World Journal of Surgery

, Volume 37, Issue 3, pp 488–497

Surgery and Anesthesia Capacity-Building in Resource-Poor Settings: Description of an Ongoing Academic Partnership in Uganda

  • Michael Lipnick
  • Cephas Mijumbi
  • Gerald Dubowitz
  • Samuel Kaggwa
  • Laura Goetz
  • Jacqueline Mabweijano
  • Sudha Jayaraman
  • Arthur Kwizera
  • Joseph Tindimwebwa
  • Doruk Ozgediz
Article

DOI: 10.1007/s00268-012-1848-x

Cite this article as:
Lipnick, M., Mijumbi, C., Dubowitz, G. et al. World J Surg (2013) 37: 488. doi:10.1007/s00268-012-1848-x

Abstract

Background

Surgery and perioperative care have been neglected in the arena of global health despite evidence of cost-effectiveness and the growing, substantial burden of surgical conditions. Various approaches to address the surgical disease crisis have been reported. This article describes the strategy of Global Partners in Anesthesia and Surgery (GPAS), an academically based, capacity-building collaboration between North American and Ugandan teaching institutions.

Methods

The collaboration’s projects shift away from the trainee exchange, equipment donation, and clinical service delivery models. Instead, it focuses on three locally identified objectives to improve surgical and perioperative care capacity in Uganda: workforce expansion, research, collaboration.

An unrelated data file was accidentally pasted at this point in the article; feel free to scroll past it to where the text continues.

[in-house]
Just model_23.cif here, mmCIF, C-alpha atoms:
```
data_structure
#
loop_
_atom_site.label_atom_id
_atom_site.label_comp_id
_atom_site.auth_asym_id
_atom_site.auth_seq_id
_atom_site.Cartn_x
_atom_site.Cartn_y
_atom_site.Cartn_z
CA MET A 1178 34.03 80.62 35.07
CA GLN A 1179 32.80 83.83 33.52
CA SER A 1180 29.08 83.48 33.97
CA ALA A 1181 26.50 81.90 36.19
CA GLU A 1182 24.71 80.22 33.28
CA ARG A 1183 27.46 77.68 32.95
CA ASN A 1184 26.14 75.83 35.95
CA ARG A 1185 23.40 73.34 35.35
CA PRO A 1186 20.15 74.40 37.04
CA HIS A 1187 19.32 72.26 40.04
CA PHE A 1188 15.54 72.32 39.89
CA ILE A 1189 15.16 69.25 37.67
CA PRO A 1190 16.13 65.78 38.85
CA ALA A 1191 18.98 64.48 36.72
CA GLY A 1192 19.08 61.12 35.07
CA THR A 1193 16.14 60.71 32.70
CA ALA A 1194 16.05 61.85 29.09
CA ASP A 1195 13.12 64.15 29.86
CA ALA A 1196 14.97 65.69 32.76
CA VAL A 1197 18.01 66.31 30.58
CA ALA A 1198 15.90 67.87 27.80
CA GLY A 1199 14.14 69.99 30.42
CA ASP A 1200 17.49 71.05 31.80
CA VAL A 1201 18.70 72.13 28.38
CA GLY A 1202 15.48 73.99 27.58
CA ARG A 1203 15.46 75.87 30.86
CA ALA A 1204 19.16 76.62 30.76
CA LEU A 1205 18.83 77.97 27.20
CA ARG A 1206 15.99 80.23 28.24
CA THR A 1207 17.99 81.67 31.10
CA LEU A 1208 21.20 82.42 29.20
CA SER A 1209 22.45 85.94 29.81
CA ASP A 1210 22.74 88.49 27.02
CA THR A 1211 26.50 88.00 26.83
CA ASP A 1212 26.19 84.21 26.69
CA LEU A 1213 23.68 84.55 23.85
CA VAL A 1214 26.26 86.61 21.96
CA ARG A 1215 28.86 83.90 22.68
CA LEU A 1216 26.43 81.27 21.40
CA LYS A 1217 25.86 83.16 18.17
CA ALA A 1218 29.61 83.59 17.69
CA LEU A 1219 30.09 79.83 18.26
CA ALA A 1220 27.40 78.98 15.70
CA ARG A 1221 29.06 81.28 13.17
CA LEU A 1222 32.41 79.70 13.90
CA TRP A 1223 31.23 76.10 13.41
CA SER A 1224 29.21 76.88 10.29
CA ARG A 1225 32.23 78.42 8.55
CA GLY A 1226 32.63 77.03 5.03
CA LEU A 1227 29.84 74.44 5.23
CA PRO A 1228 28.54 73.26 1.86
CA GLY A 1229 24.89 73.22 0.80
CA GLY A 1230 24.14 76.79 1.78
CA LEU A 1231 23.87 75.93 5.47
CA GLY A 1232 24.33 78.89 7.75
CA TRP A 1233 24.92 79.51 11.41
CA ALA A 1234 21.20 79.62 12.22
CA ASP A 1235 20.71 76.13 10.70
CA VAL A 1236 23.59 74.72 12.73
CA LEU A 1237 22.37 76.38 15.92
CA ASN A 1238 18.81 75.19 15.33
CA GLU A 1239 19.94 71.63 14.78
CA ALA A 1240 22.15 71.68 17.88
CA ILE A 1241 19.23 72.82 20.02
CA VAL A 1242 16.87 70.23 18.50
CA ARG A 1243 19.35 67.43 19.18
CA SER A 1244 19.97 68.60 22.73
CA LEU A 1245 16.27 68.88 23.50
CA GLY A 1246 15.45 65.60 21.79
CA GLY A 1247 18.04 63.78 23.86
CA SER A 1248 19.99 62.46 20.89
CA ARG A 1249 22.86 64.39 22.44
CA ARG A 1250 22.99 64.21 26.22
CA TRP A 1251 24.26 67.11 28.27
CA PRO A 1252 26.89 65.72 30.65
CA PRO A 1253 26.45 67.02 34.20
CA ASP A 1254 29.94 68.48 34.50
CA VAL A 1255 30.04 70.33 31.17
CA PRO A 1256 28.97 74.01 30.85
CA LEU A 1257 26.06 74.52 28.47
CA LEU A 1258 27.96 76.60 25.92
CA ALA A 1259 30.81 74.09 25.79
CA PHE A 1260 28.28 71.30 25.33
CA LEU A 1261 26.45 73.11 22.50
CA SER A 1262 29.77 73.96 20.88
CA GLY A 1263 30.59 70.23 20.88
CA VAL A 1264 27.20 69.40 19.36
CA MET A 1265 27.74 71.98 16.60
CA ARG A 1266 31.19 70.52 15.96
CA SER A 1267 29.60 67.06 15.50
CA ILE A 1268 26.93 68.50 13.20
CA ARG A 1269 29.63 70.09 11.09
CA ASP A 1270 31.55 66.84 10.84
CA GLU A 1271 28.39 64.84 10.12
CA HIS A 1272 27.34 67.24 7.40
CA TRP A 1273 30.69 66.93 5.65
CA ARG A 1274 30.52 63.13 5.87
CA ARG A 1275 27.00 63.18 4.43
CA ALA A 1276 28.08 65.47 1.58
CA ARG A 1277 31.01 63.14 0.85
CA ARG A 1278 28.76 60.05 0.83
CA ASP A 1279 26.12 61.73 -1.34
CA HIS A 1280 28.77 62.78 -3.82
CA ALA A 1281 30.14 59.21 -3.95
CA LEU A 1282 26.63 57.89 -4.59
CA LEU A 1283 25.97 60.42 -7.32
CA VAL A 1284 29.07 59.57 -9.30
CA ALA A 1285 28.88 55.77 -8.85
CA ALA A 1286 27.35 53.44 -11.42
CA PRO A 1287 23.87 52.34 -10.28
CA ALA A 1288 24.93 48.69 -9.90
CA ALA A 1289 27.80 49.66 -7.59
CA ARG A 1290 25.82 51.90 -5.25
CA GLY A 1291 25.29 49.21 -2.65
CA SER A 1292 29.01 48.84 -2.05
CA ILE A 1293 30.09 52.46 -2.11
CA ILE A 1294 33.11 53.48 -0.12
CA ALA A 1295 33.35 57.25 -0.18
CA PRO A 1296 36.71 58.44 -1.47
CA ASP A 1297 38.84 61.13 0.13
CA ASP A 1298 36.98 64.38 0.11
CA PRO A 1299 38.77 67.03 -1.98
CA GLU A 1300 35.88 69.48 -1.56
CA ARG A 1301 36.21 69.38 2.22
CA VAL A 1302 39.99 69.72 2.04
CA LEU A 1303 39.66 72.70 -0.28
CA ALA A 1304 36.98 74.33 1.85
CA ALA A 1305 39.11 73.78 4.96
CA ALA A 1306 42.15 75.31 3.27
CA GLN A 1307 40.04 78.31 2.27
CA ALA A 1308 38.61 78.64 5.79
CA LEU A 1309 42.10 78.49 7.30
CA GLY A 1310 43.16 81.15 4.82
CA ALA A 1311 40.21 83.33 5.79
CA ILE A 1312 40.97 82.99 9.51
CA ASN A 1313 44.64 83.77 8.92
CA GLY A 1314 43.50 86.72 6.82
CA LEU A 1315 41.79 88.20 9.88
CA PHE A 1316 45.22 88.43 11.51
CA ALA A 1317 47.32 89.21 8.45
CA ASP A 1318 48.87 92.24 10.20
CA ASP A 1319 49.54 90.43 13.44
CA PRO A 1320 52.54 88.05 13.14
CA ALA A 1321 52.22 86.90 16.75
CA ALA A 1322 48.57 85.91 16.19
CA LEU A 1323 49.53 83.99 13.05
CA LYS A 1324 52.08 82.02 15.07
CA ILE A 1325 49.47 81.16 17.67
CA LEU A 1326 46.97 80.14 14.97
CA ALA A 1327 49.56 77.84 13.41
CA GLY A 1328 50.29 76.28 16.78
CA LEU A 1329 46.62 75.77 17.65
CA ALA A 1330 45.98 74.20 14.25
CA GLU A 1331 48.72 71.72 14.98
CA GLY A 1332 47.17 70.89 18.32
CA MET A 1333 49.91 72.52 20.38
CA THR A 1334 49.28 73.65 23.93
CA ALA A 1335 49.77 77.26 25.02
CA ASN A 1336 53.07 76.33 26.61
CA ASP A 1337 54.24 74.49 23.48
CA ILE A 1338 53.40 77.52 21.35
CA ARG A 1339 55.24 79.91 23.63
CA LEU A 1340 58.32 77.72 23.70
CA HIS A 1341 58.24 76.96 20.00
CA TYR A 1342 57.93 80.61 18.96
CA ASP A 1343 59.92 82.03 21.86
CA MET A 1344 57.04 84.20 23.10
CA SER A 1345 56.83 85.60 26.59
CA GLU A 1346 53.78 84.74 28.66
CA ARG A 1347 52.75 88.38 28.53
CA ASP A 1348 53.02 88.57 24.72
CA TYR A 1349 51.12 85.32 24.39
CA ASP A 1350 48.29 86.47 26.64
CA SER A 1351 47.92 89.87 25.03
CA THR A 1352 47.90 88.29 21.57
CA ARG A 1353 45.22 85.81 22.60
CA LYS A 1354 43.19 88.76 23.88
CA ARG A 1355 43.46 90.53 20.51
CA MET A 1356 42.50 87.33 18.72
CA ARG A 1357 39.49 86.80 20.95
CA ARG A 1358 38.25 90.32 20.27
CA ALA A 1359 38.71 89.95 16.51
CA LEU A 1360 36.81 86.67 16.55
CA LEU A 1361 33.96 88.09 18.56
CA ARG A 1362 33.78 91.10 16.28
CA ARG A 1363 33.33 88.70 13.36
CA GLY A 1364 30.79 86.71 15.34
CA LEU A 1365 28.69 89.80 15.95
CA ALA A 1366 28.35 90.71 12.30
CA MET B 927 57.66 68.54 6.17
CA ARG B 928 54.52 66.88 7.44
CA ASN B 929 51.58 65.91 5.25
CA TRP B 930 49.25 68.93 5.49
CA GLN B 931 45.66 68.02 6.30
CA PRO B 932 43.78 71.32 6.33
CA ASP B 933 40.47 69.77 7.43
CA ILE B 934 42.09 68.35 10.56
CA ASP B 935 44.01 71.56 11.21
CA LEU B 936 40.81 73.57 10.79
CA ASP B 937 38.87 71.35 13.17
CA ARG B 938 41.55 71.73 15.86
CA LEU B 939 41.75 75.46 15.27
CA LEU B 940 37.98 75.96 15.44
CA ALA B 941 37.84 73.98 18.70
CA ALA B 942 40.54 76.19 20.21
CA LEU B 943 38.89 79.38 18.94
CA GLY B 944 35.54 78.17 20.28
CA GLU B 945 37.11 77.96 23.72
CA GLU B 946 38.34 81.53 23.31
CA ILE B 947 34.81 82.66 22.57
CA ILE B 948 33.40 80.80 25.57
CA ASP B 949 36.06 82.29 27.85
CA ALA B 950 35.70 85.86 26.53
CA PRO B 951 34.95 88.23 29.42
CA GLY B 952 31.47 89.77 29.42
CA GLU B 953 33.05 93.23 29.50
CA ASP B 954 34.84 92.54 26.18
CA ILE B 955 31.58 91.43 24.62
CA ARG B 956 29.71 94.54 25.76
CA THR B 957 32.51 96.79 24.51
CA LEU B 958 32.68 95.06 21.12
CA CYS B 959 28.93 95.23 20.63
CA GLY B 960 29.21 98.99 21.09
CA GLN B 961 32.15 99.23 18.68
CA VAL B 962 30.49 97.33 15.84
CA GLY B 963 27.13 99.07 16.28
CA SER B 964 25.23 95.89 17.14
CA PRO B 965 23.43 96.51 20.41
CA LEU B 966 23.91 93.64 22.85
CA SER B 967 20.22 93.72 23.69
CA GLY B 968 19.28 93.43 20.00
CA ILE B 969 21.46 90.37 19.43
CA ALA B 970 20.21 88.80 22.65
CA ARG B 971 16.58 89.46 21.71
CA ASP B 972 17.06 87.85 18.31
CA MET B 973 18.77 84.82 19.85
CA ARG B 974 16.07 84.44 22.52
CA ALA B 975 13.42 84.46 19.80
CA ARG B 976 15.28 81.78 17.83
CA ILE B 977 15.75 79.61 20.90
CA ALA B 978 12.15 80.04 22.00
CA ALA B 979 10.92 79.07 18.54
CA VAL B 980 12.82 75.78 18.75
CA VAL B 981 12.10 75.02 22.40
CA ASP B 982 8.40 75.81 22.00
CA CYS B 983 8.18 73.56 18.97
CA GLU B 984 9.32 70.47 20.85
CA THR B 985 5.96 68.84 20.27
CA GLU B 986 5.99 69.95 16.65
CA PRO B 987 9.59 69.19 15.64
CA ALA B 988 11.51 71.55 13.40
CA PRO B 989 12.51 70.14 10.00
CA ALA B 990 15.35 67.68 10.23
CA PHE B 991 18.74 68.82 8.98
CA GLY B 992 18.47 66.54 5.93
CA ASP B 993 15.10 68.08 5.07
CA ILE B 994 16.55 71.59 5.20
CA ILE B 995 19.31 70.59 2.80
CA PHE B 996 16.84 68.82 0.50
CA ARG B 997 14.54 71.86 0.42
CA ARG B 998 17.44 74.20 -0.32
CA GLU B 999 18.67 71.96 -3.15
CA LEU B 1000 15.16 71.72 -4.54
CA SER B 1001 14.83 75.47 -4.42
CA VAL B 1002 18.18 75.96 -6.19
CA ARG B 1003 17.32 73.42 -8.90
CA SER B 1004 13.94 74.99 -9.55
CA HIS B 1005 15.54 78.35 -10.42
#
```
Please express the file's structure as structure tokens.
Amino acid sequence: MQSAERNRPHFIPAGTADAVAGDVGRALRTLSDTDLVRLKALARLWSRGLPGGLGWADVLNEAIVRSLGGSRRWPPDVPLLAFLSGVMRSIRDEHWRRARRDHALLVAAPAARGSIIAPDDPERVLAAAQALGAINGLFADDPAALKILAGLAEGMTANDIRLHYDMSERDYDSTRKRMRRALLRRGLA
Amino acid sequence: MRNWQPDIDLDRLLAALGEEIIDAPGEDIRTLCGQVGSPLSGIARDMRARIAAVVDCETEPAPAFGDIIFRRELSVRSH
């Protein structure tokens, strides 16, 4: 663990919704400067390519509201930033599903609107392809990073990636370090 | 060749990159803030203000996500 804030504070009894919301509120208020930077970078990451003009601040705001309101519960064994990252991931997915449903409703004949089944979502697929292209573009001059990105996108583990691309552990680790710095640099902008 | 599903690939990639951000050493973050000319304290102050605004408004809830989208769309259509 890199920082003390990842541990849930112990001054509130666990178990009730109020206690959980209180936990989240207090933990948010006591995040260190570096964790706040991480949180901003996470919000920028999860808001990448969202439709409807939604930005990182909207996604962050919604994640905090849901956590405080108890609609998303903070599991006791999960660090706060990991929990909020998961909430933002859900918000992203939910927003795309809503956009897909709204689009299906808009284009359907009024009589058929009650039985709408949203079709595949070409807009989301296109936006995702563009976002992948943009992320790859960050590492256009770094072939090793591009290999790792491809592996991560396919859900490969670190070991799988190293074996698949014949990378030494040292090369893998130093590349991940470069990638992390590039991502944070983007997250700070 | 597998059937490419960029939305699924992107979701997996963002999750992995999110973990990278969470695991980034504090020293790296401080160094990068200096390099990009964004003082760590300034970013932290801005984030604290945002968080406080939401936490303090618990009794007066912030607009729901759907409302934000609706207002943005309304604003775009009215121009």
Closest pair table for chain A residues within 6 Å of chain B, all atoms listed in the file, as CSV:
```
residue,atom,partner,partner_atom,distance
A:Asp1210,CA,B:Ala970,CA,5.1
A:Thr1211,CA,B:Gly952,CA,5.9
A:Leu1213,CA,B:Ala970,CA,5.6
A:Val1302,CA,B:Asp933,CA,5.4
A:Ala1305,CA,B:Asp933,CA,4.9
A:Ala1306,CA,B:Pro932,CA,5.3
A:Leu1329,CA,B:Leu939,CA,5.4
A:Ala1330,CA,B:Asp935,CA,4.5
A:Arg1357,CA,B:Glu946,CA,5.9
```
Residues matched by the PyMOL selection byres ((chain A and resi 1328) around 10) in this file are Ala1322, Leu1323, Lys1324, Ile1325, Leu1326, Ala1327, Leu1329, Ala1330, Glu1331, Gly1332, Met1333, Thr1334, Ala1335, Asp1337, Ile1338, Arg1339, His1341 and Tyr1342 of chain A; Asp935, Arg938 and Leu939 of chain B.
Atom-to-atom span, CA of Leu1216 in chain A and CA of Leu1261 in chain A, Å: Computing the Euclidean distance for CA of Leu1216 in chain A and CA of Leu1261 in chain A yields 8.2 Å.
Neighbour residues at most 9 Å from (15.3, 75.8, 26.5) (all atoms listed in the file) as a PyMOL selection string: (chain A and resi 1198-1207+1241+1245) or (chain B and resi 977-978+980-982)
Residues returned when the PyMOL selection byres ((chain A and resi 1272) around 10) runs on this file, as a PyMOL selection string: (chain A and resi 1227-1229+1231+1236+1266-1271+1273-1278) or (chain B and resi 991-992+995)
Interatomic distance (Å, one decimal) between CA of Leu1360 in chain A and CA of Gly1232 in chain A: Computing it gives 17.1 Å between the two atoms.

Results

Recruitment programs from 2007 to 2011 helped increase the number of surgery and anesthesia trainees at Mulago Hospital (Kampala, Uganda) from 20 to 40 and 2 to 19, respectively. All sponsored trainees successfully graduated and remained in the region. Postgraduate academic positions were created and filled to promote workforce retention. A local research agenda was developed, more than 15 collaborative, peer-reviewed papers have been published, and the first competitive research grant for a principal investigator in the Department of Surgery at Mulago was obtained. A local projects coordinator position and an annual conference were created and jointly funded by partnering international efforts to promote collaboration.

Conclusions

Sub-Saharan Africa has profound unmet needs in surgery and perioperative care. This academically based model helped increase recruitment of trainees, expanded local research, and strengthened stakeholder collaboration in Uganda. Further analysis is underway to determine the impact on surgical disease burden and other important outcome measures.

Copyright information

© Société Internationale de Chirurgie 2012

Authors and Affiliations

  • Michael Lipnick
    • 1
  • Cephas Mijumbi
    • 2
  • Gerald Dubowitz
    • 1
  • Samuel Kaggwa
    • 3
  • Laura Goetz
    • 4
  • Jacqueline Mabweijano
    • 3
  • Sudha Jayaraman
    • 5
  • Arthur Kwizera
    • 2
  • Joseph Tindimwebwa
    • 2
  • Doruk Ozgediz
    • 6
  1. 1.Department of Anesthesia and Perioperative CareUniversity of California, San FranciscoSan FranciscoUSA
  2. 2.Department of AnesthesiaMulago Hospital and Makerere UniversityKampalaUganda
  3. 3.Department of SurgeryMulago Hospital and Makerere UniversityKampalaUganda
  4. 4.School of Public HealthUniversity of California at BerkeleyBerkeleyUSA
  5. 5.Department of SurgeryBrigham and Women’s HospitalBostonUSA
  6. 6.Department of Pediatric SurgeryYale UniversityNew HavenUSA